Green Sprouts in Detroit Public Schools
The Detroit Public Schools and the regional chapter of the U.S. Green Building Council are working together to promote environmentalism among students.
Mario, a fourth-grader at Detroit’s Bunche Preparatory Academy and a member of the school’s Green Team, needs only a little prodding before he agrees to perform a song he wrote celebrating environmentalism. He’s nervous, but he’s too excited about recycling, gardening, and conserving energy not to share.
“All I see is green, green, green, no matter what. I’ve got green on my mind, you can never give it up,” he finally raps, a bit breathlessly. “All see is green, green, green, and if you’re going green, put your hands in the air.”
Mario and the other members of the school’s Green Team are pint-sized ambassadors for the planet. Wearing special badges, they patrol the halls of their school, making sure teachers shut the lights off when they’re not using their rooms and reminding them to unplug computers and other appliances before school vacations. They also keep an eye out for water leaks and identify incandescent lights that can be switched out in favor of more efficient bulbs. The program, called the Go Green Challenge, is in its second year, and about half of the district’s schools are participating. Last year, the program saved the district around $400,000 in energy costs.
Meanwhile, the Green Schools Advocacy Committee of the U.S. Green Building Council’s Detroit regional chapter has been raising awareness of environmental issues in schools through its own programs. The chapter sponsors a statewide art contest in which students show—through drawings—ways that their schools are or could be green, has worked to build greenhouses at three Michigan schools, and has developed a website to help teachers incorporate environmental issues into their lessons.
Also, seven Detroit schools that have been built or renovated since 2009 are on track to receive—or have already received—Leadership in Energy & Environmental Design (LEED) certification.
Together, the school system and the USGBC Detroit regional chapter have helped spark a green renaissance of sorts in the schools, says Margaret Matta, chairwoman of the regional chapter’s green schools committee. “Green is new [to the Detroit schools], but it’s starting to snowball,” Matta says. “It’s really catching on. A lot of it has to do with the kids. The kids get it. They want to learn more, and they’re pretty excited about things.” The art contest drew 700 entries last year, including one from a girl who convinced her dad to start recycling at his business. “We hold a little luncheon for the winners, and someone said, ‘Well, that’s 700 conversations about why a school should be green,’” Matta says.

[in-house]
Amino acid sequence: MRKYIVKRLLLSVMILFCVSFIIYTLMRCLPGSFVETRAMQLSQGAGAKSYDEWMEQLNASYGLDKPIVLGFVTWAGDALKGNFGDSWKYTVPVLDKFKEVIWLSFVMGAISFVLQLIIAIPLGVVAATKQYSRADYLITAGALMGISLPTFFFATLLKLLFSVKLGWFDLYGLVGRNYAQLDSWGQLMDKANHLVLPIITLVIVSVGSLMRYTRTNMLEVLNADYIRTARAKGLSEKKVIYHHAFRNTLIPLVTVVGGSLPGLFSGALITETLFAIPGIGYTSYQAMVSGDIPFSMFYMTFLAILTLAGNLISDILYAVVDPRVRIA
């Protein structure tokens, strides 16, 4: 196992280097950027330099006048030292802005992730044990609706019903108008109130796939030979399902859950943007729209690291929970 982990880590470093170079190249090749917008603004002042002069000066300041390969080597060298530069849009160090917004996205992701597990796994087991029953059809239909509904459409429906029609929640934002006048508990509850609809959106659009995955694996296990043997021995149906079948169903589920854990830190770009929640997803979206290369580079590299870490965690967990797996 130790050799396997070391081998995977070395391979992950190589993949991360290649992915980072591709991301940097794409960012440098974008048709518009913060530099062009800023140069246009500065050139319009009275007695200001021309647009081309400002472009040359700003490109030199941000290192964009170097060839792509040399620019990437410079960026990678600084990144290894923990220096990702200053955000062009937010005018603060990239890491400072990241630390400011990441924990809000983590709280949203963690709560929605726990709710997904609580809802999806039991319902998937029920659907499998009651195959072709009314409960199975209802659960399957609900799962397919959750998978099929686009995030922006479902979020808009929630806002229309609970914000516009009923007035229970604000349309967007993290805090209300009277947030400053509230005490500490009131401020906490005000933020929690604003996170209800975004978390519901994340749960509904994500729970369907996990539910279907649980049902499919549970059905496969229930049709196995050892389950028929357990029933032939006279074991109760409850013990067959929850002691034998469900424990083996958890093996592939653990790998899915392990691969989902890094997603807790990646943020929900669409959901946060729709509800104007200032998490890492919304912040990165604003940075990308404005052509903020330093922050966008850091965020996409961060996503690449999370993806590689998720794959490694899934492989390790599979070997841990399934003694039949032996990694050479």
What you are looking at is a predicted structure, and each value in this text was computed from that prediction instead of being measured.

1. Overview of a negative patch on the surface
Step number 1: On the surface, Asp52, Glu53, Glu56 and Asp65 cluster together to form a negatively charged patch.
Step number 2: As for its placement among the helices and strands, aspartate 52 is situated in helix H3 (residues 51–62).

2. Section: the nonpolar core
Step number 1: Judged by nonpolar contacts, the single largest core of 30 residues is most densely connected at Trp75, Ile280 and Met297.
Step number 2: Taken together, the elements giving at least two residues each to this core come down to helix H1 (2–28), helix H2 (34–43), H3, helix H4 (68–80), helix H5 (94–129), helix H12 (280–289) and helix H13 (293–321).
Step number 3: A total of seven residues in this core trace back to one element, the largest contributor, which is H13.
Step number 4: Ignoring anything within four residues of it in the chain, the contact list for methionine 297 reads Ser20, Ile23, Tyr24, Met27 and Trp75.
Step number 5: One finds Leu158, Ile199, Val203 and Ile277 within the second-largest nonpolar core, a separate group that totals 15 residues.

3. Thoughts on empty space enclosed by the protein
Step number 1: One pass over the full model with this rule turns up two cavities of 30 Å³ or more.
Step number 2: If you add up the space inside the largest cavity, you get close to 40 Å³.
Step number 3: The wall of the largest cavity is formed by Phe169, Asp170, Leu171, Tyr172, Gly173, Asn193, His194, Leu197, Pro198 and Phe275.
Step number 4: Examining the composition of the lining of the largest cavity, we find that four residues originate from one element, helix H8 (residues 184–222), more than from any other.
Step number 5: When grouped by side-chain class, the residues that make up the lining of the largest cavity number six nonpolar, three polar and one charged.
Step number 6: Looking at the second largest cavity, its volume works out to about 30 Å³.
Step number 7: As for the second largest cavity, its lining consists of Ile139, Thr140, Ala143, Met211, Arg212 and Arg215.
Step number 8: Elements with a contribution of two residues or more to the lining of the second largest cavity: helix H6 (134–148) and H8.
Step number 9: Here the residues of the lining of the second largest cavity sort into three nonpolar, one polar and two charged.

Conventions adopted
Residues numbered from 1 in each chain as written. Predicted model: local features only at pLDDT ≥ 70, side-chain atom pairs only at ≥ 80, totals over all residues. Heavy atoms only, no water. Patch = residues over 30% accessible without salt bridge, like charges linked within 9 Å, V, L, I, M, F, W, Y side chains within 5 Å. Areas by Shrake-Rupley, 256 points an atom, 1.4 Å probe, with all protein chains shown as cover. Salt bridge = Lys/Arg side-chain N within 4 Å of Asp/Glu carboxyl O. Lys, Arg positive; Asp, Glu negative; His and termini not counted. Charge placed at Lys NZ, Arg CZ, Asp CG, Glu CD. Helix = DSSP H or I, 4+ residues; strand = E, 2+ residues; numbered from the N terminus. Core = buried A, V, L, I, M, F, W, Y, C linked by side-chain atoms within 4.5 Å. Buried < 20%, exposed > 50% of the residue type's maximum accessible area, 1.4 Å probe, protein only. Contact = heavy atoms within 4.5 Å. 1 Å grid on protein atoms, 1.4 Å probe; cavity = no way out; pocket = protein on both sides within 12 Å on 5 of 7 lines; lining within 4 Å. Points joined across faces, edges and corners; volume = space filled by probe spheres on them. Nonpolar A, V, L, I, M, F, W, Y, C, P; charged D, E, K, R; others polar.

Winners of the DPS Go Green poster contest:
The primary goal of the Go Green Challenge isn’t to save the district money, but to boost student achievement, says Emile Lauzzana, director of energy and sustainability for Detroit Public Schools. The district provides learning objectives about sustainability that teachers can fold into their curriculum, and Lauzzana argues that energy-efficient schools make for a good learning environment. “If a student is [sitting] by an exterior wall, and it’s drafty and it’s cold, that student’s not going to be able to concentrate as much,” Lauzzana notes.
At Bunche, five fourth-graders on the Green Team sit around a table in science teacher Diana Koss’s classroom, talking about how much fun they’ve had making salsa with garden-grown vegetables, creating seed necklaces, and collecting and recycling thousands of milk cartons.
Koss’s room is a miniature forest, with aloe, spider plants, and six-inch-tall pine trees growing in pots at each of the room’s tables and around the perimeter. Bird feeders hang outside the windows.
Koss is working with an outside group to bring a butterfly garden to city-owned property adjacent to the school, and she’s hoping to bring single-stream recycling to the school next fall. She currently takes materials from her classroom home to recycle them.
Students at the school were given water-efficient showerheads to take home, as well as timers to help them take shorter showers. The students on the Green Team say they now pester their parents to recycle. When Lauzzana asks them if they’d be willing to care for their own individual tomato plants, they shout a giddy “Yes!” in unison.
“They’re the ones who are going to make a difference in our society,” Koss says. “I’m giving them the tools to be good citizens and take good care of the earth, but the world depends on them.”